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Evaluating a Multi-Family Office

Multi-Family Offices are more and more common. Are they right for you?

The family office, a product of the early twentieth century, is rapidly evolving in response to a number of factors: the turmoil from the recent consolidation and personnel changes in financial services firms, a heightened sense of the need for improved risk management and objectiv­ity and the high cost of attracting and retaining the professional talent needed today to advise and serve family members on a wide range of issues.

Just a couple of decades ago a fortune of $50 million was more than sufficient to justify directly employing a staff of accountants and in­vestment managers to keep track of the family finances, including the holdings of various trusts and foundations. Today, the “break even” point is closer to $250 million and climbing. Hence, many former single-family offices have grown into multi-family offices (“MFOs”), offering unrelated families the ability to share a CFO, CIO, tax professionals, and experienced administrative staff as well as valuable intellectual and technology resources.

In many ways it has parallels to the emergence of fractional jet ownership as high net worth individuals ask, “Given my needs, would I rather own all of a single engine plane or a share of a private jet? And, would I like to pay someone else to worry about hiring the peo­ple to fly it and care for it, handle security, do the safety checks, update the insurance and all the other hassles of maintaining a group of personal employees?” Similarly, contracting for a “share” of the staff at an established MFO often can securely provide access to talent, processes, intellectual capital and sys­tems that simply cannot be justified at lower asset levels.

Defining the Multifamily Office

Currently, there is no agreed upon definition for an MFO. Recent surveys of the field have listed some typical characteris­tics:

  • A broad range of services
  • A high level of personal attention
  • The ability to put today’s decisions in the context of their impact on the next generation rather than on the next quarter.

Services can include those of a typical wealth management firm – financial, estate and tax planning, investment consult­ing and manager selection – along with those of the traditional family office – bill paying, financial reporting, tax compliance, trust monitoring, charitable consulting, family counseling, and concierge services. Editor’s note: you can see a good video interview on Family Wealth and the Role of Family Offices here.

Meeting Client Needs

Clients may consider using some or all of the services of an MFO when there is a change in their lives or in the lives of their key advisors and they:

  • Need to manage their cash more effectively
  • Need to be sure funds are available even in difficult times
  • Want to avoid wading through the often confusing and conflicting information provided by bankers, brokers and other advisors
  • Want the financial information they receive consol­idated and organized differently to better manage investment decisions, or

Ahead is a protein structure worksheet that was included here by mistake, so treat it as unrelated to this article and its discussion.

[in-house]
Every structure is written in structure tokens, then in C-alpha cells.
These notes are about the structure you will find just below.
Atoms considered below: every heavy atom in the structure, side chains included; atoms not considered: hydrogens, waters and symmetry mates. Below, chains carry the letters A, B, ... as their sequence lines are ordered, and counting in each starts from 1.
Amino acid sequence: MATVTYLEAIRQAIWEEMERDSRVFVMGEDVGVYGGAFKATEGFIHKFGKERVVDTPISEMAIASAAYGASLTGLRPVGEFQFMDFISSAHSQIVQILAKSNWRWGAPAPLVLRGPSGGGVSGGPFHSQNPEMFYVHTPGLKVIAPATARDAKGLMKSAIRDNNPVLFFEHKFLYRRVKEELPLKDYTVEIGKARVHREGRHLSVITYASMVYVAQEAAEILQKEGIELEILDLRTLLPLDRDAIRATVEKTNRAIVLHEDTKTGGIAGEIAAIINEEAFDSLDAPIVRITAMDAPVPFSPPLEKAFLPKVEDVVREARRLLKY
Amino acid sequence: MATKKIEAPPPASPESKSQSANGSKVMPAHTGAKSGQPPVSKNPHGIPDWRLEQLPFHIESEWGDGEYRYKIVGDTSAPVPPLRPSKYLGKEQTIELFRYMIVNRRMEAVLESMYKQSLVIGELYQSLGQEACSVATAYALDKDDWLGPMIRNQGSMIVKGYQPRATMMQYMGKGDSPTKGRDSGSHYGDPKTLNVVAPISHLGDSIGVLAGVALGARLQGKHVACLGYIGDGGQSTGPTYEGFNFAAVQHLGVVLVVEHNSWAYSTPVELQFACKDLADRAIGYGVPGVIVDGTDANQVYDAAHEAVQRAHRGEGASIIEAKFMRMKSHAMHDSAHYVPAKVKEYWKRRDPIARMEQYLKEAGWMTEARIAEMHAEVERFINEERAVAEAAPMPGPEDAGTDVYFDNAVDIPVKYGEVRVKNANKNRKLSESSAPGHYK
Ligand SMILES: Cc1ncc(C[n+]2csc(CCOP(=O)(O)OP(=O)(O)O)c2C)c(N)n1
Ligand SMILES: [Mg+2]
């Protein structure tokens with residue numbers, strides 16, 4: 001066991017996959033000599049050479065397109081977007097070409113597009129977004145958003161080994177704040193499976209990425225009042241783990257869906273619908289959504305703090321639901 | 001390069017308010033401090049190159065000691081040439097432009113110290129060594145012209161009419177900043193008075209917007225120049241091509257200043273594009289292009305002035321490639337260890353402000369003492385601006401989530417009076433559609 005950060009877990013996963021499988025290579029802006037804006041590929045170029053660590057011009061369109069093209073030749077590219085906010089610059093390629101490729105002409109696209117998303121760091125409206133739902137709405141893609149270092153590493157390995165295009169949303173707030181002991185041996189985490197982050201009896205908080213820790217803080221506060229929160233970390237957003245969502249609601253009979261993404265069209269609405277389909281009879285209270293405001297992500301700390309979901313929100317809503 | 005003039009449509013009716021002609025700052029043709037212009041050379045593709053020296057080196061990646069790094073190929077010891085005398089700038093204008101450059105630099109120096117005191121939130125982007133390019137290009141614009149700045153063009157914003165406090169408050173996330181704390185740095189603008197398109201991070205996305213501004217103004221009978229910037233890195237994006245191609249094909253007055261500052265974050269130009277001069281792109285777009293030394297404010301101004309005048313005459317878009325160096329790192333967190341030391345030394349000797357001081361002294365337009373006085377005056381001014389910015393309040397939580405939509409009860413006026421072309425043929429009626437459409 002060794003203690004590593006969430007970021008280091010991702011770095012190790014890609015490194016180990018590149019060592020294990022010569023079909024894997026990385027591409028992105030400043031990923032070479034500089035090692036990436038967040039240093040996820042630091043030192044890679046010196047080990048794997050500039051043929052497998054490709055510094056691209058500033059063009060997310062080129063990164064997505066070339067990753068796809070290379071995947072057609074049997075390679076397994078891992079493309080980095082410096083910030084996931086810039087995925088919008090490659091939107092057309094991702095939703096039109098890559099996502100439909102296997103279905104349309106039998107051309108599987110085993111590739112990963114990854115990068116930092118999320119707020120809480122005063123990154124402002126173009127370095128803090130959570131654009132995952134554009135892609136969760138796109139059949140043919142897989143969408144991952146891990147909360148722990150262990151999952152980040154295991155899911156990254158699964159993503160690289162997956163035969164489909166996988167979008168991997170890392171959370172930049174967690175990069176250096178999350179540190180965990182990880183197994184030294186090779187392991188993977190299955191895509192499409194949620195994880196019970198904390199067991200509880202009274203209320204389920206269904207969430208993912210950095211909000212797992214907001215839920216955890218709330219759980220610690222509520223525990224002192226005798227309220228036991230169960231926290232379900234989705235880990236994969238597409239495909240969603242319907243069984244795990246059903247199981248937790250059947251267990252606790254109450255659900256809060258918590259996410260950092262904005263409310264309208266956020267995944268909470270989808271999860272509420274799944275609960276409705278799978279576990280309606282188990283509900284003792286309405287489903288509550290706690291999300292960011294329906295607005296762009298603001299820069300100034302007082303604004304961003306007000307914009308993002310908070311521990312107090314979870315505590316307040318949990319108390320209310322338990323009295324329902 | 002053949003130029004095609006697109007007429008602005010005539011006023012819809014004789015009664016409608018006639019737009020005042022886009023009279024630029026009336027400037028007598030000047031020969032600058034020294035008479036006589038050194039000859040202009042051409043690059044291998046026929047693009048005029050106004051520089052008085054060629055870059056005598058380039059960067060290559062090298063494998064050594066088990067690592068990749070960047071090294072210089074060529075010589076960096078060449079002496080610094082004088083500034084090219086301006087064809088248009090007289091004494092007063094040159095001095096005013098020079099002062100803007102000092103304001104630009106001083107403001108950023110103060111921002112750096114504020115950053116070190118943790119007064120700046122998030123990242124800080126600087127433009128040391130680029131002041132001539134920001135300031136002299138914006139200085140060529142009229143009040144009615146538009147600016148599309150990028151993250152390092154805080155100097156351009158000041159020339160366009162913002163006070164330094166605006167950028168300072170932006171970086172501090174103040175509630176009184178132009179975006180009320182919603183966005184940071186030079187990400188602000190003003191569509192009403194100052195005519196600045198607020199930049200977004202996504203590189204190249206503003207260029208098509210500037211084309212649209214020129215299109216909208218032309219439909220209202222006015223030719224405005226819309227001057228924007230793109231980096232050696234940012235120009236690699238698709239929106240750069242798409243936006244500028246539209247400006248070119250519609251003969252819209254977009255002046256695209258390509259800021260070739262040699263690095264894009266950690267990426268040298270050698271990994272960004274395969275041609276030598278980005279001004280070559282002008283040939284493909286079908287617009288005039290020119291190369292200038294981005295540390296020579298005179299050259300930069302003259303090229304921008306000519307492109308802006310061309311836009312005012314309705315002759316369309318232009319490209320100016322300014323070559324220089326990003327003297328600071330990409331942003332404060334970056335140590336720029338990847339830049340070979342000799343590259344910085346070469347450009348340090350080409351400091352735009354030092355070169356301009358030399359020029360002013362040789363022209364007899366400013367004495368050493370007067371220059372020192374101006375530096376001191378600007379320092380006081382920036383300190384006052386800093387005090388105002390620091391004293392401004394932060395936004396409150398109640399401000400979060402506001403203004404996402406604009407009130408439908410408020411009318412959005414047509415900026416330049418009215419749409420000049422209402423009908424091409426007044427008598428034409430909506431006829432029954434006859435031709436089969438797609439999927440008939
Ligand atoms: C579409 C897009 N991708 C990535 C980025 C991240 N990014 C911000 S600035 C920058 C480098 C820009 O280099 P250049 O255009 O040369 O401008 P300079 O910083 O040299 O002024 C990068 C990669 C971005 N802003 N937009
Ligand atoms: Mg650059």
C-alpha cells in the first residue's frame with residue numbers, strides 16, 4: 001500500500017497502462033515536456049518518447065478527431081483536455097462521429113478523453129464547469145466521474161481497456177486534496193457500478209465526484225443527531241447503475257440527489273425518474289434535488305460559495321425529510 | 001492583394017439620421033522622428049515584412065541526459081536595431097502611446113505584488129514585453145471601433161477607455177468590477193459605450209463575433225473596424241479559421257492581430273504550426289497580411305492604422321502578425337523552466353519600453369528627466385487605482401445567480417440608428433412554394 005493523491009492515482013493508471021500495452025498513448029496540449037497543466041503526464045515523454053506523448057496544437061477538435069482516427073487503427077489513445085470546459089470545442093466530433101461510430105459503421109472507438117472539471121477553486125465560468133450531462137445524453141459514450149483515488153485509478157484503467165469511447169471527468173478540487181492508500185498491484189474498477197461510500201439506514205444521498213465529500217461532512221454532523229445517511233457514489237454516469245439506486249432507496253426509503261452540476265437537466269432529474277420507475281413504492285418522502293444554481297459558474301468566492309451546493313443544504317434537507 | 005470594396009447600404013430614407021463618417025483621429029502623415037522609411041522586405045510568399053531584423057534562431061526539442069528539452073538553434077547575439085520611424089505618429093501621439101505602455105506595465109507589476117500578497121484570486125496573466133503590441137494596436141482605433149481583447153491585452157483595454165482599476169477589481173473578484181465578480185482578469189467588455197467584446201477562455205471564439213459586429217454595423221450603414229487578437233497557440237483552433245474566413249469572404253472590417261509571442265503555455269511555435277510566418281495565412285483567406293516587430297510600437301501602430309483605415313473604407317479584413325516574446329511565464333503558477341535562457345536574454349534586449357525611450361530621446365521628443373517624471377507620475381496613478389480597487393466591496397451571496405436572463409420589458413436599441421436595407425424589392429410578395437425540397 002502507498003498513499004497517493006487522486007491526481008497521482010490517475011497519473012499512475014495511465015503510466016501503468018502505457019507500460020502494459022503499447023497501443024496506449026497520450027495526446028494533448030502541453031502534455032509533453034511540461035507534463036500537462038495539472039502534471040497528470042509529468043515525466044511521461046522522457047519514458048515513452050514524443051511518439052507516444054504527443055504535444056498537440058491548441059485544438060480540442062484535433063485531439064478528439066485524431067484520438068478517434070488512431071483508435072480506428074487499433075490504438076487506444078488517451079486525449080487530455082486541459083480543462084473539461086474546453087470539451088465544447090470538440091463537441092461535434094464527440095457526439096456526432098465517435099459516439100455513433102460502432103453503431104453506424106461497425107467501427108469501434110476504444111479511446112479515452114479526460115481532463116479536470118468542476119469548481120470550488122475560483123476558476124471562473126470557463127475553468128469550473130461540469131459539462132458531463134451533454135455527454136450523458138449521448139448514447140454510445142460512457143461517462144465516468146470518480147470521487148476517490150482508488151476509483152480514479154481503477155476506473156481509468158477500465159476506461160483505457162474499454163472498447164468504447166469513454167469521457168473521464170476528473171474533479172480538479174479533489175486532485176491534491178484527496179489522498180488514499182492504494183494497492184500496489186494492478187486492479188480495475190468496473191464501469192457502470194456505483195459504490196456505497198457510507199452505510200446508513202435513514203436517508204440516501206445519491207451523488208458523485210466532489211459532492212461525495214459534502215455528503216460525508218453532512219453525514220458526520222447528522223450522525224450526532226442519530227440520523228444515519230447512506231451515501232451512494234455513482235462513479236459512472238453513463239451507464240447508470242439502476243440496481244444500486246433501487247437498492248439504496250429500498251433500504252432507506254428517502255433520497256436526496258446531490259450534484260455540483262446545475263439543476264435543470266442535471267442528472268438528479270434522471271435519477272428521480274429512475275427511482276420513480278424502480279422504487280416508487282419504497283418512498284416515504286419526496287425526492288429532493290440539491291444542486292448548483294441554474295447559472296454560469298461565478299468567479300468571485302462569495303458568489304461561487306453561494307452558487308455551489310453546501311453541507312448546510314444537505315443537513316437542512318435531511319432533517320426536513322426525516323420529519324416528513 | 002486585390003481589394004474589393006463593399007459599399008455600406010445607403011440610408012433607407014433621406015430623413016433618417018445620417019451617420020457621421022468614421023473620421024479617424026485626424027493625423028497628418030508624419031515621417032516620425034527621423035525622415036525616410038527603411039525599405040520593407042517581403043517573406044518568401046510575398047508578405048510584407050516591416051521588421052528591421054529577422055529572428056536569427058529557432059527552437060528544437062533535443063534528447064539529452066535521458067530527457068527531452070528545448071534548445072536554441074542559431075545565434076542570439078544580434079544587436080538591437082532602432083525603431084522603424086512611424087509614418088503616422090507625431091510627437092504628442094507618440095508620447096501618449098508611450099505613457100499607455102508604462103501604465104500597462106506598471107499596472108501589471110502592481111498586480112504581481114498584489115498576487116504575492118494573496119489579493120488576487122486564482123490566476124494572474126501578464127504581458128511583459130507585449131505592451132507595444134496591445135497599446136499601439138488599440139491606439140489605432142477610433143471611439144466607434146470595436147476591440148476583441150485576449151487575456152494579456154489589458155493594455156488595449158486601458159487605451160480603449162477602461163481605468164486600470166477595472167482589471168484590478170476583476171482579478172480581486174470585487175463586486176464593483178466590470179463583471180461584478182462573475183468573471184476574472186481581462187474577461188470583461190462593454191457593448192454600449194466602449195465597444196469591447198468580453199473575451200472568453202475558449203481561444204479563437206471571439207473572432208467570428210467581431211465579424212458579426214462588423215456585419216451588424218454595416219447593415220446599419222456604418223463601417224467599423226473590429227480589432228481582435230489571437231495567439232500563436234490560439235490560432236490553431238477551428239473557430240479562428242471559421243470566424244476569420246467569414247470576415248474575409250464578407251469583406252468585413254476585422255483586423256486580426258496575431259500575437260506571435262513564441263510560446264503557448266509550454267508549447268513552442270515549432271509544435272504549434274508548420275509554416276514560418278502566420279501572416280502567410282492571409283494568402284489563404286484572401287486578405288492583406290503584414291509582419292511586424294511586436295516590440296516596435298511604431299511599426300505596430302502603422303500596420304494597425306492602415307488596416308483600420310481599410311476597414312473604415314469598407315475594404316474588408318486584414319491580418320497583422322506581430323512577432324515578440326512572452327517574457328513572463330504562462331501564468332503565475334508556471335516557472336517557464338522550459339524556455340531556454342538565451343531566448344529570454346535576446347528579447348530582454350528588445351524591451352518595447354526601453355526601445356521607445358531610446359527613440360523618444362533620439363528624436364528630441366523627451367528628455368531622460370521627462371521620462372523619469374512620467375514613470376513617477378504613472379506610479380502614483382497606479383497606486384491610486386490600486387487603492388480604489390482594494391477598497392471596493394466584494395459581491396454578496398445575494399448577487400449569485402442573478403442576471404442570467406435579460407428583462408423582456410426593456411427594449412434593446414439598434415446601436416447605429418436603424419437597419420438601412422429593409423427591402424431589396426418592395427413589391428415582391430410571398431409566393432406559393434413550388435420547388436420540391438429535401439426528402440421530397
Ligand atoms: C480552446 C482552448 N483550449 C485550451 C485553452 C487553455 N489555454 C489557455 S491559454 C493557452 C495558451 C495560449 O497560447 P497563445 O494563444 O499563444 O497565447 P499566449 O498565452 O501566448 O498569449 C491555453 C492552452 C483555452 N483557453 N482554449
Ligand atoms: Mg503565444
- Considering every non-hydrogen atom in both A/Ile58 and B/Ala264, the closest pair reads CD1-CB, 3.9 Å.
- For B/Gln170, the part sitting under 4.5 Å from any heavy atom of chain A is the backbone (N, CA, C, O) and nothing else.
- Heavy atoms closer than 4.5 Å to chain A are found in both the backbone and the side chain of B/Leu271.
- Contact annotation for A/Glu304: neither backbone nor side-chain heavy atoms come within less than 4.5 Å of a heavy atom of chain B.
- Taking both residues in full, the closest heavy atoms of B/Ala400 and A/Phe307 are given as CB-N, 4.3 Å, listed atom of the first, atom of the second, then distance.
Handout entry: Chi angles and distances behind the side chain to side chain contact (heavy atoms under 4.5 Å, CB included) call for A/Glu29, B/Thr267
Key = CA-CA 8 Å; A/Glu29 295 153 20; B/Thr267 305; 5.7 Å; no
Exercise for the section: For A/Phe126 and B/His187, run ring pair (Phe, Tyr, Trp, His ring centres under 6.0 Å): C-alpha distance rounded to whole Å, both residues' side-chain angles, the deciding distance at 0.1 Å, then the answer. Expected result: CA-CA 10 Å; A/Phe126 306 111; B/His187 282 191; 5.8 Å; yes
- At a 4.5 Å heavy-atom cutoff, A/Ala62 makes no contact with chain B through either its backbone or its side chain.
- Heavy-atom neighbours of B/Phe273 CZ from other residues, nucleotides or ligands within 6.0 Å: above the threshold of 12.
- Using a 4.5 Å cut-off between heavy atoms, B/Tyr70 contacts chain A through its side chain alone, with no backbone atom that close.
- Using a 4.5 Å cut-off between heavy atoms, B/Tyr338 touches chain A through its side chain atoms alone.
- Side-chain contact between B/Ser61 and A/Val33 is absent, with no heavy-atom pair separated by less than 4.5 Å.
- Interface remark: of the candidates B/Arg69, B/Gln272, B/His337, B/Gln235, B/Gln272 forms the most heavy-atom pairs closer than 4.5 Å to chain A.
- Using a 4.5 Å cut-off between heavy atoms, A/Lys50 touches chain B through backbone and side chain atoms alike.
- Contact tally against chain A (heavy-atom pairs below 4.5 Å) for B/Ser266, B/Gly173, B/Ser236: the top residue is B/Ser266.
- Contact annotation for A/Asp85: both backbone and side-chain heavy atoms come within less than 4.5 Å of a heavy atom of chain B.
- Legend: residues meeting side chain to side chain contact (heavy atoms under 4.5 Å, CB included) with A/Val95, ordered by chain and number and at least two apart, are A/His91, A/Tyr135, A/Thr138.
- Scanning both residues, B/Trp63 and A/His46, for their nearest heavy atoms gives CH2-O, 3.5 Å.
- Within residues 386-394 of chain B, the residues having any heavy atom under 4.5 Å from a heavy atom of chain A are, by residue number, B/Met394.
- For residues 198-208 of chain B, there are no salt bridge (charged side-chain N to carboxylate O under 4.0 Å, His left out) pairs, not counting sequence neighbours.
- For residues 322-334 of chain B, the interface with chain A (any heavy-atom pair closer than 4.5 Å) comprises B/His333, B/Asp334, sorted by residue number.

• Need objective, professional advice to decide what will best fit into their current asset allocations or estate plans.

Whatever their needs, clients want it done securely, compe­tently and conveniently with people they trust.

The Financial Management Component of MFOs

In order to effectively handle finances, clients will be en­trusting all their personal data to an organization they don’t know well. In addition, they will be asked to sign a number of complex forms giving the MFO they choose various levels of authority over the movement of their money and securi­ties. “Trust me” will not usually be enough to assuage their discomfort under these circumstances. Critical inquiry, care­fully verified is a necessary first step. In our experience, that inquiry falls into five broad areas:

  • What services will the MFO provide?
  • Who are the entities and/or people who will provide those services?
  • Does the firm have clients whose profiles and issues match my clients’?
  • How does the firm protect its clients’ privacy?
  • What are the conflicts of interest in its advice?

The scope of services available can range from simple cash management and bill paying to intensive family counseling on values and mission statements. Clearly outlining all the services to be provided, in writing, will avoid confusion later in the engagement. Full disclosure of any services to be provided by third parties should be part of that written initial communi­cation.

The people providing these services are often the most criti­cal factor in client satisfaction. Meeting the people who are marketing the MFO is not enough – you want to know the people who will be involved in the day-to-day handling of your finances, their experience and how much capacity they have to take on additional clients. For those services that are outsourced, you should understand the reasons for outsourc­ing and what criteria were used in selecting those third party providers. You also need to inquire about the firm itself. Its ethics, size, longevity and financial strength are prerequisites to attracting and retaining the kind of talent that will meet clients’ growing needs over time.